When it comes to the creative process, what is removed is as important as what is kept. Xeno & Oaklander are well aware of this: while Sean McBride and Liz Wendelbo have artfully honed their sound with each release, on the aptly named Topiary -- which clocks in at a svelte 30 minutes -- they find the harmony between structure and flow through restraint. Fittingly, the album sounds crisper than Par Avion's breezy meditations, perhaps because this is the first time Xeno & Oaklander have recorded in a professional studio (Tom Tom Club's Clubhouse in Connecticut) instead of their own Brooklyn setup. Whatever the reason, Topiary gives more shape to the duo's hard-edged synth pop and gauzy interludes, beginning the album's halves with the former and fleshing them out with the latter. "Marble" kicks off Topiary with one of Xeno & Oaklander's boldest and catchiest statements of purpose yet, while "Palms" announces the album's midpoint with emphatic beats and decadent, mysterious imagery. Both songs spotlight the pristine vocals of Wendelbo, who handles all of Topiary's singing -- another first. While the vocal interplay between her and McBride is missed, focusing on Wendelbo's voice allows for more contrast between her and her surroundings on songs like "Chimera," where she floats above a gritty synthscape, and "Baroque," where she sings about "the chemistry of passion" with icy precision. However, not all of Topiary's juxtapositions are this severe. As it builds toward a danceable climax, "Chevron"'s synths range from foggy to crystalline, while the title track's mix of sensuality and menace is beautiful in its ambiguity. Elsewhere, songs like "Virtues & Vice" and "Worldling Worlds" convey a uniquely serene kind of drama as Wendelbo and McBride set their slowly unfurling melodies adrift on dry-ice atmospheres. Equally accessible and true to Xeno & Oaklander's essence, Topiary distills their music into one of its finest forms yet.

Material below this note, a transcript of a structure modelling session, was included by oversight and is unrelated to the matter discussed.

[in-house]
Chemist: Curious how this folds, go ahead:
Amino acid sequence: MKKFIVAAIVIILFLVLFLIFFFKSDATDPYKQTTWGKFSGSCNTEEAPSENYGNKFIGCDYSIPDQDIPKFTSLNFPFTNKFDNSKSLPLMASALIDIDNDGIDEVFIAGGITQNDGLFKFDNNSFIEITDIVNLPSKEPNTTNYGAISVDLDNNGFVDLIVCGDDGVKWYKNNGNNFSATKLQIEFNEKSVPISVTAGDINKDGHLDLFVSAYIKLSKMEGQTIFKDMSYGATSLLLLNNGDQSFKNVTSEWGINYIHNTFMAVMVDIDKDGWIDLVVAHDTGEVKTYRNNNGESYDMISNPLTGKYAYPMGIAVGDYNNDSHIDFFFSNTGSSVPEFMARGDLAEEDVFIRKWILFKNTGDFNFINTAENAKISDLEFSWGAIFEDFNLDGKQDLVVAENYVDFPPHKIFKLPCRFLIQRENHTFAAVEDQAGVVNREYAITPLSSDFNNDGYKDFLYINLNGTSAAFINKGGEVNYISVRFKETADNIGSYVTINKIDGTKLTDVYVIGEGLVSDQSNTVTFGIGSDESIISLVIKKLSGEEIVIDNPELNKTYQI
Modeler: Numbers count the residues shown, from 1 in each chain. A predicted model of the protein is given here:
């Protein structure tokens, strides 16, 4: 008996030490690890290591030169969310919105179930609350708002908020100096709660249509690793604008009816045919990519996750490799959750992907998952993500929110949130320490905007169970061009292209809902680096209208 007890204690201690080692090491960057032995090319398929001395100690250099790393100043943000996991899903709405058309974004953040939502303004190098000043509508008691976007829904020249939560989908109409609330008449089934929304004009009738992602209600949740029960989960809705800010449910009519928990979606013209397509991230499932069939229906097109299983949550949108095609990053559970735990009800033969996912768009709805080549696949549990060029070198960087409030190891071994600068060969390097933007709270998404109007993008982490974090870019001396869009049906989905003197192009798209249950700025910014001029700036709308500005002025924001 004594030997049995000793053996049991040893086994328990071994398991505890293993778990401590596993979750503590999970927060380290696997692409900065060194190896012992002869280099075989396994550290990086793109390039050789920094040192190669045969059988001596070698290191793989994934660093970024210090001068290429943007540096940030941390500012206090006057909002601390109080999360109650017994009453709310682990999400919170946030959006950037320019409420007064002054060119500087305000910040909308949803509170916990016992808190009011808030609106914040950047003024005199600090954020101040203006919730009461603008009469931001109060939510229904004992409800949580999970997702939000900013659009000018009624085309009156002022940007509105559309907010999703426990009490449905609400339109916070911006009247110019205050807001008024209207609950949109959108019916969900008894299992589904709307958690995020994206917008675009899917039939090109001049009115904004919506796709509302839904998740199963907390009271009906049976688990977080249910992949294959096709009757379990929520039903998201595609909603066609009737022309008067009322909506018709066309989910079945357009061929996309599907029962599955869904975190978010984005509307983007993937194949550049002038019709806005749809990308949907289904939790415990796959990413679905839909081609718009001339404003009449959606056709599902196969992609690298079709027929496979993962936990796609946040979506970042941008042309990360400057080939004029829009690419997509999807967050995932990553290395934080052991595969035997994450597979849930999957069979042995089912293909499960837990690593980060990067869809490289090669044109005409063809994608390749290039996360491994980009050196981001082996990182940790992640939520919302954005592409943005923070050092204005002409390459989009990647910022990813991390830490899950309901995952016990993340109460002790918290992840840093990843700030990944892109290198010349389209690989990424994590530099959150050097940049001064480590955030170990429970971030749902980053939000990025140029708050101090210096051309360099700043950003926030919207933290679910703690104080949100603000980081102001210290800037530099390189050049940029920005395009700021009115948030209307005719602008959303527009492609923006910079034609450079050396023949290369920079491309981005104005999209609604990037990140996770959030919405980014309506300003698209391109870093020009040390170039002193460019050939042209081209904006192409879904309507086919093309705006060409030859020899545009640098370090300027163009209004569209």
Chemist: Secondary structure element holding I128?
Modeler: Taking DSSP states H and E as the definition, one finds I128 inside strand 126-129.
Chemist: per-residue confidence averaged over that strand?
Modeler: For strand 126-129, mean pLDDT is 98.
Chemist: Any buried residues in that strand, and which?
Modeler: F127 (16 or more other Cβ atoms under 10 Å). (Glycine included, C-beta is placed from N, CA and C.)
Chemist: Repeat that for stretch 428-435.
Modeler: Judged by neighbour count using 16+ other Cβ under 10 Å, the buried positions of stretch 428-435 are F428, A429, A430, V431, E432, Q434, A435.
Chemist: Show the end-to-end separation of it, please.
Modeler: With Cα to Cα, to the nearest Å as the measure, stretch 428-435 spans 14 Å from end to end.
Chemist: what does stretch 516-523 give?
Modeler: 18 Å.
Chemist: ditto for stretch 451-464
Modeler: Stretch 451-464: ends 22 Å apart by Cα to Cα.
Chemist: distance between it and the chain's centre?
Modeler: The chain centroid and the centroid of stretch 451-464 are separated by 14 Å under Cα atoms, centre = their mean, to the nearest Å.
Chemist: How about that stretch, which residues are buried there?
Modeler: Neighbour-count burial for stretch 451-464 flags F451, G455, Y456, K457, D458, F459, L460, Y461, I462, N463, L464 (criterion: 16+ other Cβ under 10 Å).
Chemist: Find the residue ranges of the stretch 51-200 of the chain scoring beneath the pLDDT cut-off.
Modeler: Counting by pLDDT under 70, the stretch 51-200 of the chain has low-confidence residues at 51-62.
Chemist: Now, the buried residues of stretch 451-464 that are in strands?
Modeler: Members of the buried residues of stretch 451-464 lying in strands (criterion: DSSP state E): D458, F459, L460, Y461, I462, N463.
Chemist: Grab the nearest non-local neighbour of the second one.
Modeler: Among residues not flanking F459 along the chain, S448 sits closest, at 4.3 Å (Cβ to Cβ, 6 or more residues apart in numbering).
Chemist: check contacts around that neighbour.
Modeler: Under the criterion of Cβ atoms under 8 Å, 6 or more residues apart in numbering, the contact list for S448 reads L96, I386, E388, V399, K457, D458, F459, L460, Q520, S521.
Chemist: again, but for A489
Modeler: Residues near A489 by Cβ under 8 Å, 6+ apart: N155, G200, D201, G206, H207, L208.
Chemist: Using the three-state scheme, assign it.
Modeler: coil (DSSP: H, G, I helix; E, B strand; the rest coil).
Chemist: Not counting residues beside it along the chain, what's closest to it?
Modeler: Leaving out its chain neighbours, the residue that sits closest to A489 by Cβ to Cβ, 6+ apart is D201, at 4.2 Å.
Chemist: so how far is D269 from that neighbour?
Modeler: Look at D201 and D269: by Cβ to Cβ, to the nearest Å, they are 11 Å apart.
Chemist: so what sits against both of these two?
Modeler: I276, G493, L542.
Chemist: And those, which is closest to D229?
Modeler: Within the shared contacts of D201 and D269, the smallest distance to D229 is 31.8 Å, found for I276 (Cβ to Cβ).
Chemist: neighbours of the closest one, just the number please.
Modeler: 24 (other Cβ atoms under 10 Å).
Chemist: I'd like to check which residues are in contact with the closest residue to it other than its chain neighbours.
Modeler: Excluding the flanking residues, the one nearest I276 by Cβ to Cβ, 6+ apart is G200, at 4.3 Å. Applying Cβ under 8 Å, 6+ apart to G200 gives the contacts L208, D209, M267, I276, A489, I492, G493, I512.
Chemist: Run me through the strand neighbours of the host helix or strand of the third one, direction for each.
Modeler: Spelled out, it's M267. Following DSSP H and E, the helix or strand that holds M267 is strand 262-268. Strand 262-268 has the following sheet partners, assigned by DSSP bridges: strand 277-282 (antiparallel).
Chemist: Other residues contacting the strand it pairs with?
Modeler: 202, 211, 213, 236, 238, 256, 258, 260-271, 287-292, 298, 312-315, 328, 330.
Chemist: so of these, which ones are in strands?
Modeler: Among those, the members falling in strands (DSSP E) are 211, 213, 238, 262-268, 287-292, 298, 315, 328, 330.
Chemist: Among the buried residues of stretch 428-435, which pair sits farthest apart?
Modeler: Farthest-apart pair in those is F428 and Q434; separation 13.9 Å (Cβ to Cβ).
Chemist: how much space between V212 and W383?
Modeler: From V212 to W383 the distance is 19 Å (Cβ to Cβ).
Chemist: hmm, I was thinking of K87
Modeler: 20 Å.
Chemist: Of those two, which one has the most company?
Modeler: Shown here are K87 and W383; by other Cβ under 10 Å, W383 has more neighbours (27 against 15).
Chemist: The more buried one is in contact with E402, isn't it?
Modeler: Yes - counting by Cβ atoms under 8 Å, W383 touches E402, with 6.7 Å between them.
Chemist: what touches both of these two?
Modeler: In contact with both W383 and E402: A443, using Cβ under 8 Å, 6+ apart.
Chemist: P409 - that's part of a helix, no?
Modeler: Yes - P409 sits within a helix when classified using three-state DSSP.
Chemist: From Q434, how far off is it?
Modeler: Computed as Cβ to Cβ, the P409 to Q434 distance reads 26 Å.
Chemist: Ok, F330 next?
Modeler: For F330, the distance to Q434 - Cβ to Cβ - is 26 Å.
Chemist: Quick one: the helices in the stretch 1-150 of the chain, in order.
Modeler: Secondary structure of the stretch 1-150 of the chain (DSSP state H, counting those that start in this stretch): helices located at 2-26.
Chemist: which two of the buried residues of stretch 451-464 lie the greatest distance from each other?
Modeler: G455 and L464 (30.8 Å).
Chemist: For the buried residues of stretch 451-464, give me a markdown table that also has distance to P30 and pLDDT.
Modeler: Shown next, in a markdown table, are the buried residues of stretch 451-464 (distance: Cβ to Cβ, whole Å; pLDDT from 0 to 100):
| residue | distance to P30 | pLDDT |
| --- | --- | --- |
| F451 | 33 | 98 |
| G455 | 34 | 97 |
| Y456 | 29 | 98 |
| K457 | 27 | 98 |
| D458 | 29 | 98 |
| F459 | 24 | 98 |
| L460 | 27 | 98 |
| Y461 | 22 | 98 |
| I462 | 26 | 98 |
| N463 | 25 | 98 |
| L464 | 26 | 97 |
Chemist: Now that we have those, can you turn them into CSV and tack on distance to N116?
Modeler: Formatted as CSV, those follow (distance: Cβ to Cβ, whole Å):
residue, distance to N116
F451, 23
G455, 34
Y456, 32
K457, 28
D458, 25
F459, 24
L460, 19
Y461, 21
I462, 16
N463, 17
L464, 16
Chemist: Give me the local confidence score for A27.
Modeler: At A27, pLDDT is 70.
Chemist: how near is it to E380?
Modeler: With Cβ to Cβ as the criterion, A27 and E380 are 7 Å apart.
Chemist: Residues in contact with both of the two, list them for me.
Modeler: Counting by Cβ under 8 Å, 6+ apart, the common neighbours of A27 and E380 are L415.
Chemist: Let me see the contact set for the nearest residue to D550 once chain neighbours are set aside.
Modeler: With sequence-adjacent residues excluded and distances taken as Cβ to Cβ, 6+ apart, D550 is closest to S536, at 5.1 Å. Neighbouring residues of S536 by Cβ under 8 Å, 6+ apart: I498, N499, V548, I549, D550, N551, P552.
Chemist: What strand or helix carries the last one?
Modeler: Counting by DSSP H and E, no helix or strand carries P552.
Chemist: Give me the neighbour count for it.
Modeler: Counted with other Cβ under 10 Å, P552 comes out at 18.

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AllMusic Review by Heather Phares